HDL-cholesterol (mmol per L) -0.05e 0.18 NS -0.13b 0.25 NS 1.25  NS
LDL-cholesterol (mmol per L) -0.11f 0.56 NS -0.29c 0.78 NS 0.95 NS
Energy intake (kJ) -982.91k 4,411.26 NS -3,074.02g 5,471.19 NS 1.32 NS
Night-snacking question -1.25l 1.34 P<0.01 -1.35i 1.42 P<0.001 0.21 NS
NESQ score 0.68j 6.36 NS -2.72e 7.59 NS 1.58 NS
CESD score -0.05i 7.46 NS -2.86h 6.34 NS 1.32 NS

 aN=31, bN=29, cN=28, dN=26, eN=25, fN=24, gN=23, hN=22, iN=19, jN=19, kN=18, lN=16

Change from Baseline to Week Eight for Those Who Had Been Compliant at Least 75% of the Time

Variable

PDS Group

Change Mean

PDS Group

SD

PDS Group

Statistical Significance

NS Group

Change Mean

NS Group

SD

NS Group

Statistical Significance

T-test

Statistical

Significance

Body weight (kg) -4.16 2.78 P<0.0001 -5.05 3.93 P<0.0001 0.92 NS
Body mass index -1.45 0.91 P<0.0001 -1.74 1.38 P<0.0001 0.86 NS
Body fat % -1.81 1.61 P<0.0001 -1.59 2.36 P<0.001 0.39 NS
Waist (cm) -6.03f 6.49 P<0.001 -7.03a 5.99 P<0.0001 0.53 NS
Triglycerides (mmol per L) 0.34f 1.09 NS -0.04b 4.97 NS 1.3 NS
Cholesterol (mmol per L) -0.08f 0.45 NS -0.41 0.8 NS 1.71 NS
HDL-cholesterol (mmol per L) -0.03f 0.1 NS -0.13 0.27 NS 1.6  NS
LDL-cholesterol (mmol per L) -0.15g 1.61 NS -0.24 0.74 NS 0.46 NS
Energy intake (kJ) -1,123.36i 4,712.81 NS -2,911.2d 5,551.48 NS 1 NS
Night-snacking question -1.46j 1.39 P<0.01 -1.47g 1.46 P<0.001 0.02 NS
NESQ score 1.25h 6.28 NS -3.67c 5.84 P<0.01 2.53 NS
CESD score 0.24g 8.04 NS -3.09e 5.48 NS 1.54 NS

aN=30, bN=25, cN=24, dN=23, eN=22, fN=20, gN=19, hN=16, iN=14, jN=13

Author Conclusion:

Adding a structured post-dinner snack resulted in no additional improvements in weight loss, body size, energy intake or chronic disease risk. The partial meal program was effective in reducing body weight, BMI, body fat percentage, waist measurements, cholesterol levels and night snacking behaviors in obese night snackers.

Funding Source:
Industry:
Kellogg Company
Food Company:
Reviewer Comments:
  • The article does not mention how energy intake was assessed. 
  • There was no statistically significant change in energy intake from baseline compared to week eight.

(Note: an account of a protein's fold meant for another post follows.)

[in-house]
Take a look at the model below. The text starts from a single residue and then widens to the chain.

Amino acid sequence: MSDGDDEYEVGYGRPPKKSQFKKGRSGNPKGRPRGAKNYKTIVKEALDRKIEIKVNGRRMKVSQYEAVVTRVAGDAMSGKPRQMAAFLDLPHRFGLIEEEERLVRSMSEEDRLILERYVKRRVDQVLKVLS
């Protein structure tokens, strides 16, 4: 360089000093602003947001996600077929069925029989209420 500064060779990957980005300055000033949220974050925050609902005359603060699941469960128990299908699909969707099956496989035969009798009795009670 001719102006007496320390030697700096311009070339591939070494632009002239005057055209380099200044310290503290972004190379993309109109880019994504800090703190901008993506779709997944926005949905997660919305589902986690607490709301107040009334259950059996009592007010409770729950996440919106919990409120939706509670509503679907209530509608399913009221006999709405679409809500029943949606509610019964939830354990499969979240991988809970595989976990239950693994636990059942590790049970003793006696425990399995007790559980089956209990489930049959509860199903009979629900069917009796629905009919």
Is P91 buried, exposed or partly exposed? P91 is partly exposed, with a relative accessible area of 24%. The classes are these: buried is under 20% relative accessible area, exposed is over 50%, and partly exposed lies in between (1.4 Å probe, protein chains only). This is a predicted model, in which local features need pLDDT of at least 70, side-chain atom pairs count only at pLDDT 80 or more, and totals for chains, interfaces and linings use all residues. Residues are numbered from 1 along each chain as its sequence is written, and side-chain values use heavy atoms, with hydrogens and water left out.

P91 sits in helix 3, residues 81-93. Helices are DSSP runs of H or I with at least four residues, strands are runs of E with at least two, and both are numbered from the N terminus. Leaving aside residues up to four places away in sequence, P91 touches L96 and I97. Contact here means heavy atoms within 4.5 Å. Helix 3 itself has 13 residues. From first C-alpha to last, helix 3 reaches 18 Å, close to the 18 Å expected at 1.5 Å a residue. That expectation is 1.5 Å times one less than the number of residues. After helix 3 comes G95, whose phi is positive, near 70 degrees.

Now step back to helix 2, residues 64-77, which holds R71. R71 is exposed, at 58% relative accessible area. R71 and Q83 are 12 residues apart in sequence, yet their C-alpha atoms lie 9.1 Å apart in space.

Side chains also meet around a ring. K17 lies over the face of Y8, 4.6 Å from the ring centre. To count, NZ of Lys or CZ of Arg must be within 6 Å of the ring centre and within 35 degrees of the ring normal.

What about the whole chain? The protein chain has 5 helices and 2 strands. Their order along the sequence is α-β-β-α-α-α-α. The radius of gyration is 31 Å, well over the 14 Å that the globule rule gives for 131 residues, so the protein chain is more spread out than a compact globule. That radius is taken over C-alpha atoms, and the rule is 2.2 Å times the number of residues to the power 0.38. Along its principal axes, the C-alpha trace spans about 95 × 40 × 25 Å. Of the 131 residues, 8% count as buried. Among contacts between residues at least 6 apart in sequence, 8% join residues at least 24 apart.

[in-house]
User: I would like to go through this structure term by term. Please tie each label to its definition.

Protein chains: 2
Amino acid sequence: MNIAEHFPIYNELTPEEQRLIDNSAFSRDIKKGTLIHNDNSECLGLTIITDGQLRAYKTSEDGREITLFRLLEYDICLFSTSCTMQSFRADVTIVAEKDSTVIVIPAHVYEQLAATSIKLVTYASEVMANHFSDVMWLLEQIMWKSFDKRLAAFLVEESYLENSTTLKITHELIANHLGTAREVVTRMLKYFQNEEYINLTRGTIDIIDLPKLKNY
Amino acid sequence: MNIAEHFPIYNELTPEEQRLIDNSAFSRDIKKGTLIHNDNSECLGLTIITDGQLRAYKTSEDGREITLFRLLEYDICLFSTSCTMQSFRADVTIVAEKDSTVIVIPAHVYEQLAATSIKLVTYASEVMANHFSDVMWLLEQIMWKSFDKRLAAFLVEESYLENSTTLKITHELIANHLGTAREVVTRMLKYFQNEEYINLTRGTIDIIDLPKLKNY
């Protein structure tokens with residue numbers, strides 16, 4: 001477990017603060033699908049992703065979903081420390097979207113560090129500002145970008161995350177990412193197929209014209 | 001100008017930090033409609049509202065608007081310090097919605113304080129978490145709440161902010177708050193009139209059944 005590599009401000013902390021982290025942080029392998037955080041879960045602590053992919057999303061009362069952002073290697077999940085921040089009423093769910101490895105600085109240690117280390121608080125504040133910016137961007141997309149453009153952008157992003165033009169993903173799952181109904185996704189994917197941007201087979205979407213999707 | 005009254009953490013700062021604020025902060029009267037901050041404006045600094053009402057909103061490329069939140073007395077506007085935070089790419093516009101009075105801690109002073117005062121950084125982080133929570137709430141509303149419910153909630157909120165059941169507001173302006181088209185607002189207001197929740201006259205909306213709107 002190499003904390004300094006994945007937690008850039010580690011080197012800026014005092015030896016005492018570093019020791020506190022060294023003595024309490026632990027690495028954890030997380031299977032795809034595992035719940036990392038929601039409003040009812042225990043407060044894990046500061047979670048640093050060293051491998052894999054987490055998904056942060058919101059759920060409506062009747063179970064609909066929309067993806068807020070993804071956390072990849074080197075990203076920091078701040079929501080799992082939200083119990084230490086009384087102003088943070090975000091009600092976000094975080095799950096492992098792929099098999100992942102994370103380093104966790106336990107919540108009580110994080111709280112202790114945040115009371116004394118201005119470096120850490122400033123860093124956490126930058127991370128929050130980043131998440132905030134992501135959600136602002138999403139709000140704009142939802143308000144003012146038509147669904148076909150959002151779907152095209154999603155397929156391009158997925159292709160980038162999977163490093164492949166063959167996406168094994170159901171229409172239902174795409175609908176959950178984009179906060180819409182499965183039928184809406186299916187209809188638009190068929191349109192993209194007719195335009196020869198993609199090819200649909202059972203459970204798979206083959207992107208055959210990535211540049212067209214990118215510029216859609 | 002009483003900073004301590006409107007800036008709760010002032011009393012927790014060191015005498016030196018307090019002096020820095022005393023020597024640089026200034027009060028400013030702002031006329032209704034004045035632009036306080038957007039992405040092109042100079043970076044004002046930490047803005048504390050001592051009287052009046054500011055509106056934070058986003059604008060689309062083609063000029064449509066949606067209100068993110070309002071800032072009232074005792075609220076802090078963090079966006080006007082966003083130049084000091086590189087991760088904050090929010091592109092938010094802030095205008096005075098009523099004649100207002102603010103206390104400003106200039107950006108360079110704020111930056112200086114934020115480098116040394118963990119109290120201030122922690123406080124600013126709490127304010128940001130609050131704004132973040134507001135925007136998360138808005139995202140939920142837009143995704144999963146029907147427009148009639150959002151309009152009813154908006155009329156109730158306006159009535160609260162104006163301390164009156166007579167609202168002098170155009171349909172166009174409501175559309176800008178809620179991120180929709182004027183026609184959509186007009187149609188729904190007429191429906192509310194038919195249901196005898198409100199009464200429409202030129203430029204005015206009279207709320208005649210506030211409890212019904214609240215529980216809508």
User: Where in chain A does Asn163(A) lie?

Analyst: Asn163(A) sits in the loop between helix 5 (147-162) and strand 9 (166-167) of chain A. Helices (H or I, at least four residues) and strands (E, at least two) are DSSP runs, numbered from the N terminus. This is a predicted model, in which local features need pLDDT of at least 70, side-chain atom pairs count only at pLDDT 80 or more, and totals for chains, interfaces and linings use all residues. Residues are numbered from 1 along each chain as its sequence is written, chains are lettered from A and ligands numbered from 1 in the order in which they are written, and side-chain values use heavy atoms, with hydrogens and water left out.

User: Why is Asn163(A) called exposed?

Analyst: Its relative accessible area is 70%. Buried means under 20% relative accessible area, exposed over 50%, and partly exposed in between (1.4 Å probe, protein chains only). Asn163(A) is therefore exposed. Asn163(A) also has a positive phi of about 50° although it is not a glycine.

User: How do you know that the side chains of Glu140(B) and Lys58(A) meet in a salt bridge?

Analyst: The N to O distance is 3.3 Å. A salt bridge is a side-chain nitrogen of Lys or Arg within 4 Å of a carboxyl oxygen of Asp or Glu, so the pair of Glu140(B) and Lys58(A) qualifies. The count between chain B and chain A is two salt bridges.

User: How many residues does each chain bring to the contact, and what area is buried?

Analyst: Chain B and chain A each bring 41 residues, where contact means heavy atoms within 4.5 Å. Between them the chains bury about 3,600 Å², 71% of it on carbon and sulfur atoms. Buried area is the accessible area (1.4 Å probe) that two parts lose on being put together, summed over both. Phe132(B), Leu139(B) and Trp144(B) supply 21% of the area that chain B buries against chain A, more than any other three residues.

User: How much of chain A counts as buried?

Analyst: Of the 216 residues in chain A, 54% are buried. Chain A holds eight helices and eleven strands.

Quality Criteria Checklist: Primary Research
Relevance Questions
  1. Would implementing the studied intervention or procedure (if found successful) result in improved outcomes for the patients/clients/population group? (Not Applicable for some epidemiological studies) Yes
  2. Did the authors study an outcome (dependent variable) or topic that the patients/clients/population group would care about? Yes
  3. Is the focus of the intervention or procedure (independent variable) or topic of study a common issue of concern to dieteticspractice? Yes
  4. Is the intervention or procedure feasible? (NA for some epidemiological studies) Yes
 
Validity Questions
1. Was the research question clearly stated? Yes
  1.1. Was (were) the specific intervention(s) or procedure(s) [independent variable(s)] identified? Yes
  1.2. Was (were) the outcome(s) [dependent variable(s)] clearly indicated? Yes
  1.3. Were the target population and setting specified? Yes
2. Was the selection of study subjects/patients free from bias? Yes
  2.1. Were inclusion/exclusion criteria specified (e.g., risk, point in disease progression, diagnostic or prognosis criteria), and with sufficient detail and without omitting criteria critical to the study? Yes
  2.2. Were criteria applied equally to all study groups? Yes
  2.3. Were health, demographics, and other characteristics of subjects described? Yes
  2.4. Were the subjects/patients a representative sample of the relevant population? Yes
3. Were study groups comparable? Yes
  3.1. Was the method of assigning subjects/patients to groups described and unbiased? (Method of randomization identified if RCT) Yes
  3.2. Were distribution of disease status, prognostic factors, and other factors (e.g., demographics) similar across study groups at baseline? Yes
  3.3. Were concurrent controls or comparisons used? (Concurrent preferred over historical control or comparison groups.) Yes
  3.4. If cohort study or cross-sectional study, were groups comparable on important confounding factors and/or were preexisting differences accounted for by using appropriate adjustments in statistical analysis? N/A
  3.5. If case control study, were potential confounding factors comparable for cases and controls? (If case series or trial with subjects serving as own control, this criterion is not applicable.) N/A